taking away your stress
exercise is proven to increase concentrations of norepinephrine, a chemical that can moderate the brain’s response to stress.
and boosting happy chemicals
usually within five minutes after moderate exercise you get a mood-enhancement effect.
and alleviating long-term depression
data suggests that active people are less ...
"Table 1. Publications which reported positive findings on oxidative stress caused by RFR exposure of cellsin vitro."
"Table 2. Publications which reported positive findings on oxidative stress caused by RFR exposure of animals and plants."
"Table 3. Publications which reported positive findings on oxidative ...
The Swedish Media Council released a report reviewing the state of the research in Swedish, I've summarized and translated below. There is also an article published in English over on the local. From the summarized version of the report:
The Swedish Media Council has gone through research databases and gathered studies on violent videogames effects on ...
Yes, some non-ionizing radiation can cause health problems. Your question is very broad - you've asked about non-ionizing radiation generally, rather than say specifically about radio waves. And that makes it much easier to answer in the affirmative.
See, for example, photochemical damage of the retina from high-intensity visible light:
TLDR: Yes, getting into and out of a car increases your chance of fuel combustion.
The reason there are unusual instructions like :
not entering your car
not using a CB radio
not using a mobile (cell) phone
... while refueling is because of static discharge - you feel it when a car zaps you.
When you're in your carpeted car and you rub ...
The evidence with respect to seat belts suggests that the law had no
effect on total fatalities but was associated with a redistribution of
danger from car occupants to pedestrians and cyclists.
"In Britain, as in Australia, and as in the eight European countries
examined by Isles, in the year that the wearing of seat belts became
Overall fatalities have been steadily decreasing:
Source: Image from Wikipedia based on data from US NTSB
This clearly contradicts "risk compensation" theory, with which you'd expect a flat line.
Now, as for the quoted article, there quite a few problems:
causality: article suggests that in case of Denmark introduction of belt laws caused increase in ...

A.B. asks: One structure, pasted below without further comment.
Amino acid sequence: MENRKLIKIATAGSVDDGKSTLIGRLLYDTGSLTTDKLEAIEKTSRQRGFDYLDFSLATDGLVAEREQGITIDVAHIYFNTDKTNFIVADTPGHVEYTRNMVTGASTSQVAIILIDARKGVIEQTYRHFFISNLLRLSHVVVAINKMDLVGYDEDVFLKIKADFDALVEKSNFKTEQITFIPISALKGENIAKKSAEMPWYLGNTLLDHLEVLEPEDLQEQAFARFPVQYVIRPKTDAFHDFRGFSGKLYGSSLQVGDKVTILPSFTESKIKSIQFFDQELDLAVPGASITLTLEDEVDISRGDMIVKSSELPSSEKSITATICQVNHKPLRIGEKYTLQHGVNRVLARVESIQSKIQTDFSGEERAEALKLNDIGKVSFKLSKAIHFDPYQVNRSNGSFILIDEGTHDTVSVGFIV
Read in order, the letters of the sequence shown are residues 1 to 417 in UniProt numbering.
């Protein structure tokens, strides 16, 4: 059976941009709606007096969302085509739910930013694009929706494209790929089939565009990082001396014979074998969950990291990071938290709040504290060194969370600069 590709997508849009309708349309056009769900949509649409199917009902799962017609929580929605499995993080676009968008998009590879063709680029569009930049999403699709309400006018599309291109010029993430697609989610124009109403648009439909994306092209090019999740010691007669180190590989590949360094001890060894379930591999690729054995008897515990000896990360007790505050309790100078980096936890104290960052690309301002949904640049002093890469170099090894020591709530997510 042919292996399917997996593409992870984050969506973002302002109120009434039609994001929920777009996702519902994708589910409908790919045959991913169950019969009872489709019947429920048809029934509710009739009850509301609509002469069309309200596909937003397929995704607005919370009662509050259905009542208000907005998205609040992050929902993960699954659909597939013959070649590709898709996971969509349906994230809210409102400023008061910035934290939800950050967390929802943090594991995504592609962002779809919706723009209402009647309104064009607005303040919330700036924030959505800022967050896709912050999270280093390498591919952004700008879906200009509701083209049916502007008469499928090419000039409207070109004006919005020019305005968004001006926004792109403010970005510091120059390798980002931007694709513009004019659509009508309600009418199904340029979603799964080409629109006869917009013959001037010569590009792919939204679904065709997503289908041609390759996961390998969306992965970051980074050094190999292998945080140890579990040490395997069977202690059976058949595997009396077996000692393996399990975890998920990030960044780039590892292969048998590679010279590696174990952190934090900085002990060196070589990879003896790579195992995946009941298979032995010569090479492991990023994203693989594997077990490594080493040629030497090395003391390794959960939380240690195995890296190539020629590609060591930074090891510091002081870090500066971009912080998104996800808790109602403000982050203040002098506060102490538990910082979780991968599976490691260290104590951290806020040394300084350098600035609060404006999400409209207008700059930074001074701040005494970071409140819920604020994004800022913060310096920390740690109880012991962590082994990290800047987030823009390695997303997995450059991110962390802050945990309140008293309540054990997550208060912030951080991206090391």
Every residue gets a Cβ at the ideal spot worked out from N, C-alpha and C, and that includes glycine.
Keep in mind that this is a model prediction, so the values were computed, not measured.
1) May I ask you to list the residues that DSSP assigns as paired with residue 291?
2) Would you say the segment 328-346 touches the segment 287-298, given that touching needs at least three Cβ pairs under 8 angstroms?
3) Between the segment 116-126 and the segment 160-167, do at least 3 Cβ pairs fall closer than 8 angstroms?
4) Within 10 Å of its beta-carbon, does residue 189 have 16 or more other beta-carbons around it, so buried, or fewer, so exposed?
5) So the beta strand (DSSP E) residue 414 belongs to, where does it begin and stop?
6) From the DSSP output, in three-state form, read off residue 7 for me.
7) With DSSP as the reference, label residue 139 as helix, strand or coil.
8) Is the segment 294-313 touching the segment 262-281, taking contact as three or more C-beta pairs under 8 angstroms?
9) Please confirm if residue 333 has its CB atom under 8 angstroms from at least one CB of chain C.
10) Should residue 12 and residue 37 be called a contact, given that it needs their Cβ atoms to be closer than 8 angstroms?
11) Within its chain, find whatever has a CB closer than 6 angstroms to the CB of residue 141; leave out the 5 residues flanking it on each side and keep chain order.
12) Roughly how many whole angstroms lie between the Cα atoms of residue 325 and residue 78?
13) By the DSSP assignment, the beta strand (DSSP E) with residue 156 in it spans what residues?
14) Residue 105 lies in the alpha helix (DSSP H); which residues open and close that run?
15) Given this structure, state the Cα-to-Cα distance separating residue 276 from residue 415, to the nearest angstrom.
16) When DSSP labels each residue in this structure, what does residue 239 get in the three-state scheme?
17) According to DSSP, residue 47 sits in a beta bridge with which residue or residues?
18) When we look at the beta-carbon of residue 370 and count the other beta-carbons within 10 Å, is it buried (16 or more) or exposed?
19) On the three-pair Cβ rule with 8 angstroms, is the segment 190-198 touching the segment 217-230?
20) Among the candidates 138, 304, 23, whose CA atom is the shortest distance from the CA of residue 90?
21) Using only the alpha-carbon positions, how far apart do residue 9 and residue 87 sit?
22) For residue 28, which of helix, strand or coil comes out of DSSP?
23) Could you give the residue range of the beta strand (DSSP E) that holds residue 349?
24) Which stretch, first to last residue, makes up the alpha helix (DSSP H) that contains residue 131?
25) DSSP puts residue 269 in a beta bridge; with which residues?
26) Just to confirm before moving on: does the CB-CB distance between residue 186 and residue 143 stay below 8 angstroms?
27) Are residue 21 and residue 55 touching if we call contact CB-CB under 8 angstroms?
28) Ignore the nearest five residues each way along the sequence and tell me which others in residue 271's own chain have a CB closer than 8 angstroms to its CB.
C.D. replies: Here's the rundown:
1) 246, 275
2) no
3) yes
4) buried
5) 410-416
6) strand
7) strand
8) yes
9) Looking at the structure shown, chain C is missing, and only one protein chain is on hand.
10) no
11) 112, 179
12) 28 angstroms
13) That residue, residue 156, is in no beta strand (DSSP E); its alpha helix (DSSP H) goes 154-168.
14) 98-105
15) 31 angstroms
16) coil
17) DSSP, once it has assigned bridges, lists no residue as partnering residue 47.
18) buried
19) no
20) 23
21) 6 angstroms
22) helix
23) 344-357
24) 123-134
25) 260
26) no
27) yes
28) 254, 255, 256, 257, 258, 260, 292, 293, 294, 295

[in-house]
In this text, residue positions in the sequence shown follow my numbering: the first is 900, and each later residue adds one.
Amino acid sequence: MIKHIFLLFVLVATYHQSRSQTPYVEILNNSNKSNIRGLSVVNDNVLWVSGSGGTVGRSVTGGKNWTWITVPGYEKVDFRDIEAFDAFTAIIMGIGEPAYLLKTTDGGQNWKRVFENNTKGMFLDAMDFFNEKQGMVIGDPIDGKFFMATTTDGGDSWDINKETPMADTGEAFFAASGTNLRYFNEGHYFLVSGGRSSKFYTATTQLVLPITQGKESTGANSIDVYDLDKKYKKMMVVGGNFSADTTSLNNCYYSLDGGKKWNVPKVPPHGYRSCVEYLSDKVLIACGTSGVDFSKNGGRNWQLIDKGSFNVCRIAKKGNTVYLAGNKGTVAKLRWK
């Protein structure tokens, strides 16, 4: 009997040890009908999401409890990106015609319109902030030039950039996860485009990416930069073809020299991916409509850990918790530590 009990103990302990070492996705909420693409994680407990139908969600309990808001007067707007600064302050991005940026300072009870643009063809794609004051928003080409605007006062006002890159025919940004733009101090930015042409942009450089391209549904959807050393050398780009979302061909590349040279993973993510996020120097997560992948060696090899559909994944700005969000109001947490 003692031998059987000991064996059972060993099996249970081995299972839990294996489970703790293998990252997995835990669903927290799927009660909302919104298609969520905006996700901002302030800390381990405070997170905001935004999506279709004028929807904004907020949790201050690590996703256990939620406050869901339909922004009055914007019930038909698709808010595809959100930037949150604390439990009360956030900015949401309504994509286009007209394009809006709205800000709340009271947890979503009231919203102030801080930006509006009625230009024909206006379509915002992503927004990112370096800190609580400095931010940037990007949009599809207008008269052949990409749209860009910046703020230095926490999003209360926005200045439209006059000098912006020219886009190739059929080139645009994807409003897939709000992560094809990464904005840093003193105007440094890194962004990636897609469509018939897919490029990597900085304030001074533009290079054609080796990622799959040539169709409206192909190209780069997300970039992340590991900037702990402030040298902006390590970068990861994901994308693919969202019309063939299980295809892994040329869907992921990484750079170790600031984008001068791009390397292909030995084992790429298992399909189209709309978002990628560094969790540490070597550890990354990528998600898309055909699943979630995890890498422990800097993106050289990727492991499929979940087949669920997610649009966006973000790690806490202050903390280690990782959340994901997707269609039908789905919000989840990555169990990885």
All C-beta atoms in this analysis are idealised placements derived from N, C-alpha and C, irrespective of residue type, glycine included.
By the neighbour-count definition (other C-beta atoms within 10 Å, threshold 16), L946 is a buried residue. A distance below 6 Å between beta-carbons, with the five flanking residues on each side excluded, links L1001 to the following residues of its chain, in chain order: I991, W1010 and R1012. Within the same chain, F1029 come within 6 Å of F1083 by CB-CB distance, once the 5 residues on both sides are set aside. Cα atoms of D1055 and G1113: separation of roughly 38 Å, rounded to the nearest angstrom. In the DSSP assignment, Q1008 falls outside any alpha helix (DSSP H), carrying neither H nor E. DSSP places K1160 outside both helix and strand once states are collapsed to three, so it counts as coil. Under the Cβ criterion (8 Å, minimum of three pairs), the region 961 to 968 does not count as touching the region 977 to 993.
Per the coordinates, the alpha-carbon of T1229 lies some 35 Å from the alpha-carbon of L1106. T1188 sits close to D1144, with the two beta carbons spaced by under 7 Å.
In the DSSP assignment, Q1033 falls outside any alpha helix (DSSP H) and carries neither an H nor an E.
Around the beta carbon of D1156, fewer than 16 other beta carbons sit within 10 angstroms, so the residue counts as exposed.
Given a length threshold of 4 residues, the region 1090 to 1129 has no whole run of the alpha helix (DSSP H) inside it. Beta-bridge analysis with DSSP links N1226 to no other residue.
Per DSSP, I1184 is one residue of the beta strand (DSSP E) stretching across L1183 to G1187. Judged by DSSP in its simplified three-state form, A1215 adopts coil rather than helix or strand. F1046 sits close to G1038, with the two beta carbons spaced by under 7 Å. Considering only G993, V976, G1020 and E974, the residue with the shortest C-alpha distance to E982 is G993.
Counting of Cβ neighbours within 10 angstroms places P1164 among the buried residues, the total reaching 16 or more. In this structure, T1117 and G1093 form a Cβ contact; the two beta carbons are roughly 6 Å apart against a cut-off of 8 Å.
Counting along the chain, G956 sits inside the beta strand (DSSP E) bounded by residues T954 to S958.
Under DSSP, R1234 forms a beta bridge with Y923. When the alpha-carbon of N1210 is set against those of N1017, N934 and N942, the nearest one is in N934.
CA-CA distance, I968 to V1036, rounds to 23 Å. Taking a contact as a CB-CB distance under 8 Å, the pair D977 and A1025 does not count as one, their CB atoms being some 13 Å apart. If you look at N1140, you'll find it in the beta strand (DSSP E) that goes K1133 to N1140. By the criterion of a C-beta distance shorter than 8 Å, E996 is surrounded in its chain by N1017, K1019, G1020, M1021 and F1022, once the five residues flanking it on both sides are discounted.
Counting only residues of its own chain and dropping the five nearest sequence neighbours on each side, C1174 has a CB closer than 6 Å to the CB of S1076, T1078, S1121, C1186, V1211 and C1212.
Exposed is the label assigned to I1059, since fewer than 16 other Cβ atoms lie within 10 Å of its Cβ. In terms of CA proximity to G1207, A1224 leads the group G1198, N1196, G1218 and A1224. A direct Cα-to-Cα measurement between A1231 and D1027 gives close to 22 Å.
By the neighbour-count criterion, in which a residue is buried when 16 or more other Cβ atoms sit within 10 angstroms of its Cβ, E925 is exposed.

First of all, gasoline is used because it is very good at being ignited by a spark, and it contains a lot of chemical energy. So on the face of it, a spark could ignite gasoline vapours in the air, and a vehicle with sufficient static charge could produce a spark if suddenly grounded.
It is possible, and extremely rare. Two things need to happen before ...
The modern, public information is that tobacco smoke contains many chemicals which cause cancer:
American Lung Association
There are approximately 600 ingredients in cigarettes. When burned, they create more than 7,000 chemicals. At least 69 of these chemicals are known to cause cancer, and many are poisonous.
Cancer Research UK
Some cancer-causing ...
Since it was suggested to use (MZ) twin studies to prove causation... that won't completely work if done observationally, e.g.:
While MZ co-twin control studies can provide more accurate estimates of the returns to education than analyses of single individuals, these studies do not entirely obviate the need to control for differences between university ...
Red seems to have some effect on performance in well constructed experiments and in sport, though we could do with further studies
The trouble with many studies on the relationship between colour and performance is that they are based on speculative theories and rely on poorly controlled experiments. This is summed up by the authors of this paper in the ...
Johnson, Jones, Scholes, and Carras (2013) published a review of research literature that mostly focused on the positive aspects of video gaming, which they argue have been overlooked due to dominant societal preoccupations with theories about its effects on violent behavior (Kutner & Olson, 2008; Ferguson, 2007; Ferguson et al., 2013). They include a ...
Studies with mice and rats have shown there may be an increase in some rare forms of cancer (in schwannoma and glial cells) but if so, the effect is very small and the mechanisms remains unclear. This does not show a link with cancer in humans (certainly, the effect cannot be large, or it would show up epidemiologically), but it does raise the ...